Can Heart Disease Increase Your Dementia Risk?

Poor heart health could do more than increase your chances of having a heart attack or stroke. It could also have serious effects on your brain. The connection might seem strange, but it’s an important one — one we simply can’t ignore.

Heart Damage and Dementia

Simply put, heart issues can affect the brain when they lead to decreased blood flow. Vascular dementia occurs when the brain becomes damaged due to a stroke or injury, leading to symptoms similar to Alzheimer’s disease. Recently, researchers have found something similar occurring in heart disease sufferers who’ve never had strokes. What do they have in common? They’ve all suffered from heart attacks.

What the Studies Say

Researchers in the United Kingdom and China teamed up to look at the effects of heart attacks on dementia. They tested the mental functioning of 7,888 volunteers without any history of stroke and followed up on each an average of 12 years later. Participants who’d suffered cardiovascular events showed significant declines in these three areas:

  • Global cognition is a person’s overall mental functioning. Tests measure memory, word recognition and recall, along with other cognitive abilities.
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  • Verbal memory is the ability to recall words or details from a story after hearing them.
  • Temporal orientation helps a person determine their place in time on the calendar and in relation to other dates.

The researchers found that the declines in these areas became apparent only after the participants suffered heart attacks, even when they had other risk factors for dementia. This may be because problems associated with heart disease, like damaged blood vessels, could be made worse from the stress of a heart attack. Similar to what happens after a stroke, the related damage may sometimes quietly worsen, caught only once it’s progressed into dementia.

Other Risk Factors

Of course, there are other health issues that can increase heart disease sufferers’ chances of developing dementia. A different study showed post-menopausal women with heart disease had a higher dementia risk when they also suffered from high blood pressure or diabetes. Both conditions are considered risk factors for vascular dementia.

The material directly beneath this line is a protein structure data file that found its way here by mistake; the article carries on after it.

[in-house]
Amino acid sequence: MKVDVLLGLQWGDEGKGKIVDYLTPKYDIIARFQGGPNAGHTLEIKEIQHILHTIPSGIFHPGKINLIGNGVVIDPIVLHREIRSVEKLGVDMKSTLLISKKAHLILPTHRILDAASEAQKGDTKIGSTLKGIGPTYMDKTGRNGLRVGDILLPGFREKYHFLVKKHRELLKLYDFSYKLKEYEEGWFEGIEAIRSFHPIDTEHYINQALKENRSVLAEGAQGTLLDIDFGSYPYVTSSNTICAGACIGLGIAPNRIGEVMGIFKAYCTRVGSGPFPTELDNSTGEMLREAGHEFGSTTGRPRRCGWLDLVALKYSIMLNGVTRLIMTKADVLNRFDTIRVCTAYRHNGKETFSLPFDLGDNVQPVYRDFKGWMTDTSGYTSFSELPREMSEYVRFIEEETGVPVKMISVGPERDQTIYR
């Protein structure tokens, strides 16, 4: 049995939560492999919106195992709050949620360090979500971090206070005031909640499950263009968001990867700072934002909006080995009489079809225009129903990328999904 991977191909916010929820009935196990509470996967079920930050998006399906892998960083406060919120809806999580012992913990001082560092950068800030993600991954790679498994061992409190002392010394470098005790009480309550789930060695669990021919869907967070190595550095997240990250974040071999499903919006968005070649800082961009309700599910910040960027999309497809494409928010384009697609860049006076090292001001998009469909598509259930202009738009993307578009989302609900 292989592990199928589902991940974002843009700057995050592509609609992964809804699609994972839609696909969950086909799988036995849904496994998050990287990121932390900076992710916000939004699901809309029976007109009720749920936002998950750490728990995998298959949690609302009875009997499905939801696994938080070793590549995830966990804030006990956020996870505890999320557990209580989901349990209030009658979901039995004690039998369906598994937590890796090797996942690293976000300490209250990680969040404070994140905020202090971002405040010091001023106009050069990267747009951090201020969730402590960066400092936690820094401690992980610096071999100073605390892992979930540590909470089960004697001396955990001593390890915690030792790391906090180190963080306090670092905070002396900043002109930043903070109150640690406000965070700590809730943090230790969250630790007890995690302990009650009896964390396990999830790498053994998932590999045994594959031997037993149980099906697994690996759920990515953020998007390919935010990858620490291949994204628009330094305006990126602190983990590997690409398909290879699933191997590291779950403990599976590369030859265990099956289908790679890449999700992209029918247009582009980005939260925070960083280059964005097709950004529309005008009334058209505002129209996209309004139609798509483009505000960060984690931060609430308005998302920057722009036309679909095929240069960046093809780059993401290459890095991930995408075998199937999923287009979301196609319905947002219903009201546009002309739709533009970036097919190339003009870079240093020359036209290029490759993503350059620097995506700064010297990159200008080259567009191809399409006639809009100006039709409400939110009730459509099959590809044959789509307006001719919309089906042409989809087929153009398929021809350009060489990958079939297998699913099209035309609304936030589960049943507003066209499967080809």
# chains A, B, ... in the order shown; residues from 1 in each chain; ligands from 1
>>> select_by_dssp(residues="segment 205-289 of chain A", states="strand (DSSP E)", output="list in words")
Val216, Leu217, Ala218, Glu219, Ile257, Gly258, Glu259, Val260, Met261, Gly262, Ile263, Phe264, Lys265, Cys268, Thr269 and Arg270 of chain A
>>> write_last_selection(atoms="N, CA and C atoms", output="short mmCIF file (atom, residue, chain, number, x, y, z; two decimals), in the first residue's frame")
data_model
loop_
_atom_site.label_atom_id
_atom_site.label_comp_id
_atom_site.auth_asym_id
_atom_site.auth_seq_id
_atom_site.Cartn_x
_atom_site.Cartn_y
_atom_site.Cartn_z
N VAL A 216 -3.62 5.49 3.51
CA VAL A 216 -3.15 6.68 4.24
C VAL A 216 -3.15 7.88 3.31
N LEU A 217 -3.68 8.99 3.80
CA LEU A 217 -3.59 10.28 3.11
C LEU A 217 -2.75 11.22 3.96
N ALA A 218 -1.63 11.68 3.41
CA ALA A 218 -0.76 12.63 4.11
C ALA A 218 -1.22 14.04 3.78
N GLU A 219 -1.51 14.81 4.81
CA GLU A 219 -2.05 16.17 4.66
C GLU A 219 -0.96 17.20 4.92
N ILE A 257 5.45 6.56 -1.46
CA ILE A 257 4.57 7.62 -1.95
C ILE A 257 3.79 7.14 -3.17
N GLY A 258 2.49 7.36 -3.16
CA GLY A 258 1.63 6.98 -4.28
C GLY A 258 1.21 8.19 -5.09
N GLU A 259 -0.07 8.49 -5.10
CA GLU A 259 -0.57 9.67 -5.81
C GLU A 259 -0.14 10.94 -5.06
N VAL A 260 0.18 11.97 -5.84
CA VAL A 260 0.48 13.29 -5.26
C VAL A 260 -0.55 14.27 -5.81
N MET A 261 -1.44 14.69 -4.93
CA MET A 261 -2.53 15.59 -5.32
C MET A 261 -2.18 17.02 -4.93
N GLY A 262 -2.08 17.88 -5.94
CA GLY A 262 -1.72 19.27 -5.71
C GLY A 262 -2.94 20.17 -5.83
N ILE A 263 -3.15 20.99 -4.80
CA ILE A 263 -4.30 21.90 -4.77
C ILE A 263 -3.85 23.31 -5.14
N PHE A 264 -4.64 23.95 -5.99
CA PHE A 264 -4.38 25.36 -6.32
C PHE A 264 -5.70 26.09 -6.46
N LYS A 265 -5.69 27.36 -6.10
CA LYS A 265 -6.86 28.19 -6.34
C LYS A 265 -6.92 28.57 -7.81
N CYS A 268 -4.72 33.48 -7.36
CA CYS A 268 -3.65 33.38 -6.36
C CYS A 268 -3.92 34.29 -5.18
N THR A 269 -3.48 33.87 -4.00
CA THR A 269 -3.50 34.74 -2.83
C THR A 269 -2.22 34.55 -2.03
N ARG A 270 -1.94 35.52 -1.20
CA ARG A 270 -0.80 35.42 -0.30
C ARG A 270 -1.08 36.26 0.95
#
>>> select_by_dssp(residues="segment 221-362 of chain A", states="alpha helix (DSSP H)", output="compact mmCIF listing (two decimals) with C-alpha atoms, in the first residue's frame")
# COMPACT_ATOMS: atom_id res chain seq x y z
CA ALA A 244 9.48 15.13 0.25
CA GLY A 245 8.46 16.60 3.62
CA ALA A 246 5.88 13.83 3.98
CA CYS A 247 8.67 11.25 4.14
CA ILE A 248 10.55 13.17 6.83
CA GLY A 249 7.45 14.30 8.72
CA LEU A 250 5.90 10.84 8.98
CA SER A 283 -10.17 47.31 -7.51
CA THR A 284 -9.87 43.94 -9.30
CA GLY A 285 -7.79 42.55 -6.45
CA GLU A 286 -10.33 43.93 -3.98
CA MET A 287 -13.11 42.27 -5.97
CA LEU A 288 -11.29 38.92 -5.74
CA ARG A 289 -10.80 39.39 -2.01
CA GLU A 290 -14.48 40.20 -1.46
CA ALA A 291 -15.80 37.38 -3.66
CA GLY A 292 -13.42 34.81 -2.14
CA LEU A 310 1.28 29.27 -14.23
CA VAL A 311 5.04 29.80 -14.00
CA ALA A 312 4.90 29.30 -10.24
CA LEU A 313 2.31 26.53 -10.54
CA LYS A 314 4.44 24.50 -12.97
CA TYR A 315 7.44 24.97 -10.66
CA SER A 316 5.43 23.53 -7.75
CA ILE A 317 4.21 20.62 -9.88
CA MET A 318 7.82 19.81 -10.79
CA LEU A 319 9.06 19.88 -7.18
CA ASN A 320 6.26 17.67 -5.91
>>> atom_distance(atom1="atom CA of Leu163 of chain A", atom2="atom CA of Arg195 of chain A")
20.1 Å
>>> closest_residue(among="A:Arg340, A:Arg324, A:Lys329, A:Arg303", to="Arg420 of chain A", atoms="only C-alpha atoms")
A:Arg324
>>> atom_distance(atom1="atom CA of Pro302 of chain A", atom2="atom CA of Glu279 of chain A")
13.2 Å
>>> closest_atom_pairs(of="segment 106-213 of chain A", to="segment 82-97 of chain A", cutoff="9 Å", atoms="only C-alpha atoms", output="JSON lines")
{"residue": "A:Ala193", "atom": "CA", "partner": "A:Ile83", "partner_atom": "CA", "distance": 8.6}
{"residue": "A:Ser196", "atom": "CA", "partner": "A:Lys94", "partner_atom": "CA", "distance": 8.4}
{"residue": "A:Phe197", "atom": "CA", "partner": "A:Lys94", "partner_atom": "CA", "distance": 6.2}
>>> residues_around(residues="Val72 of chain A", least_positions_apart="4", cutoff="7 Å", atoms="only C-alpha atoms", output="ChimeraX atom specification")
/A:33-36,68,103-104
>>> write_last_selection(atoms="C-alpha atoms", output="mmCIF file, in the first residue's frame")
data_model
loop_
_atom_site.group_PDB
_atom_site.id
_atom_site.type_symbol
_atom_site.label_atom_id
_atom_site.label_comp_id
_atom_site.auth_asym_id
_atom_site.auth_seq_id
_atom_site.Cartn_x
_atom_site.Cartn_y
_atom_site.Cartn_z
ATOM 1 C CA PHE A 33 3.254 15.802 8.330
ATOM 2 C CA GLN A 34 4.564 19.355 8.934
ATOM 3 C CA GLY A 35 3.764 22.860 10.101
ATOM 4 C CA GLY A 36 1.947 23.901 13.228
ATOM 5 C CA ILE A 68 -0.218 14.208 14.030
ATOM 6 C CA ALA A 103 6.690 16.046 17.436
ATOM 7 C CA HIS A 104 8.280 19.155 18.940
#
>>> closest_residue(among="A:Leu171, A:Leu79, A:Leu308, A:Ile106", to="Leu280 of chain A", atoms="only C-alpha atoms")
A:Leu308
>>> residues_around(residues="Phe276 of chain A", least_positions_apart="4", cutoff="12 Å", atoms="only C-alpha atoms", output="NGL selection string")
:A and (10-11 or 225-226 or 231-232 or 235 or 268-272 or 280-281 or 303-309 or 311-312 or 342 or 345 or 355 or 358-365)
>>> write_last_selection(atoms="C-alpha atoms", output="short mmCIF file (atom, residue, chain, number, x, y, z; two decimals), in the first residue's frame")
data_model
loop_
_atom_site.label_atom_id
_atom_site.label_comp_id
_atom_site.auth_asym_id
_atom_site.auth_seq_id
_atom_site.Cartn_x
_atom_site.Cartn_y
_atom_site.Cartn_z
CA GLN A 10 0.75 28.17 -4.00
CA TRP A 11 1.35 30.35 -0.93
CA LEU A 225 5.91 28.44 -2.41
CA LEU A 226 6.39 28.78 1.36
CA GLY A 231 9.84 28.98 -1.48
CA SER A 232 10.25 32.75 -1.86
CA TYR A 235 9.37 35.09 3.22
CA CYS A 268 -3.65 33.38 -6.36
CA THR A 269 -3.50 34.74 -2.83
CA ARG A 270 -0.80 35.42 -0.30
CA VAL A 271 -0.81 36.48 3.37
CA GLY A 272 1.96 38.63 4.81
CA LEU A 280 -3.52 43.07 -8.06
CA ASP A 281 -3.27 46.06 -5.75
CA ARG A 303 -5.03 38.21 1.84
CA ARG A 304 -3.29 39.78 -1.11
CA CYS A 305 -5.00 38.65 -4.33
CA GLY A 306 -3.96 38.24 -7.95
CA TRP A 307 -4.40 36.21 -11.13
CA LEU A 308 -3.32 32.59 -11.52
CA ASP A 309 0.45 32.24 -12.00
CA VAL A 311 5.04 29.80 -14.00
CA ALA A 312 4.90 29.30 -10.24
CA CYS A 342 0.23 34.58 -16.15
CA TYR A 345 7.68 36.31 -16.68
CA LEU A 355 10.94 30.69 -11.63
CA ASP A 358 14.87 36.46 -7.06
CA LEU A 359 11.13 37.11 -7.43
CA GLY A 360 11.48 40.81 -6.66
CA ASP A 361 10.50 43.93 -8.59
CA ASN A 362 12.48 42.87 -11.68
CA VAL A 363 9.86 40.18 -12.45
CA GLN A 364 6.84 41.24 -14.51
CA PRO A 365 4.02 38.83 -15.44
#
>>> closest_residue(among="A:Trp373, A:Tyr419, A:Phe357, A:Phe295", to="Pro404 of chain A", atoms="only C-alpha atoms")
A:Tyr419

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Medications could also play a role in disease progression. Blood pressure drugs, diuretics and antiarrhythmics, all of which are commonly prescribed to heart patients, may interfere with cognitive function, especially in older adults. Still, the benefits often outweigh the risks, so talk to your doctor if you’re on any of these types of drugs and have concerns.

What It All Means

Poor heart health could have serious effects on your brain, but that also means you can reduce your chances of developing dementia by adopting a healthy lifestyle. The Mayo Clinic recommends you take charge of your heart health starting with these easy steps:

  • Control food portions. Reduce your caloric intake, if necessary, by limiting how much you eat. Your waistline can have a huge effect on your cardiovascular health.
  • Eat more produce and whole grains. Fruits, veggies and whole grains are packed with heart-healthy nutrients and fiber.
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  • Balance fats. Reducing saturated fats and avoiding trans fats altogether can reduce your risk of developing clogged and hardened arteries. Choose olive and canola oil over lard and butter.
  • Eat lean proteins. Meats can be high in saturated fats, so choose lean cuts and poultry. Don’t forget to include plenty of fish and legumes.
  • Reduce sodium intake. High sodium may increase your blood pressure, which raises your risk of cardiovascular disease and dementia.

The connection between your head and your heart is profound, so protect both by getting more proactive about your health. You deserve to be at your happiest and healthiest, so why not see which steps you can take to improve your overall well-being? You could also be protecting the very functioning of your brain.

~Here’s to Your Wellness Pursuits!

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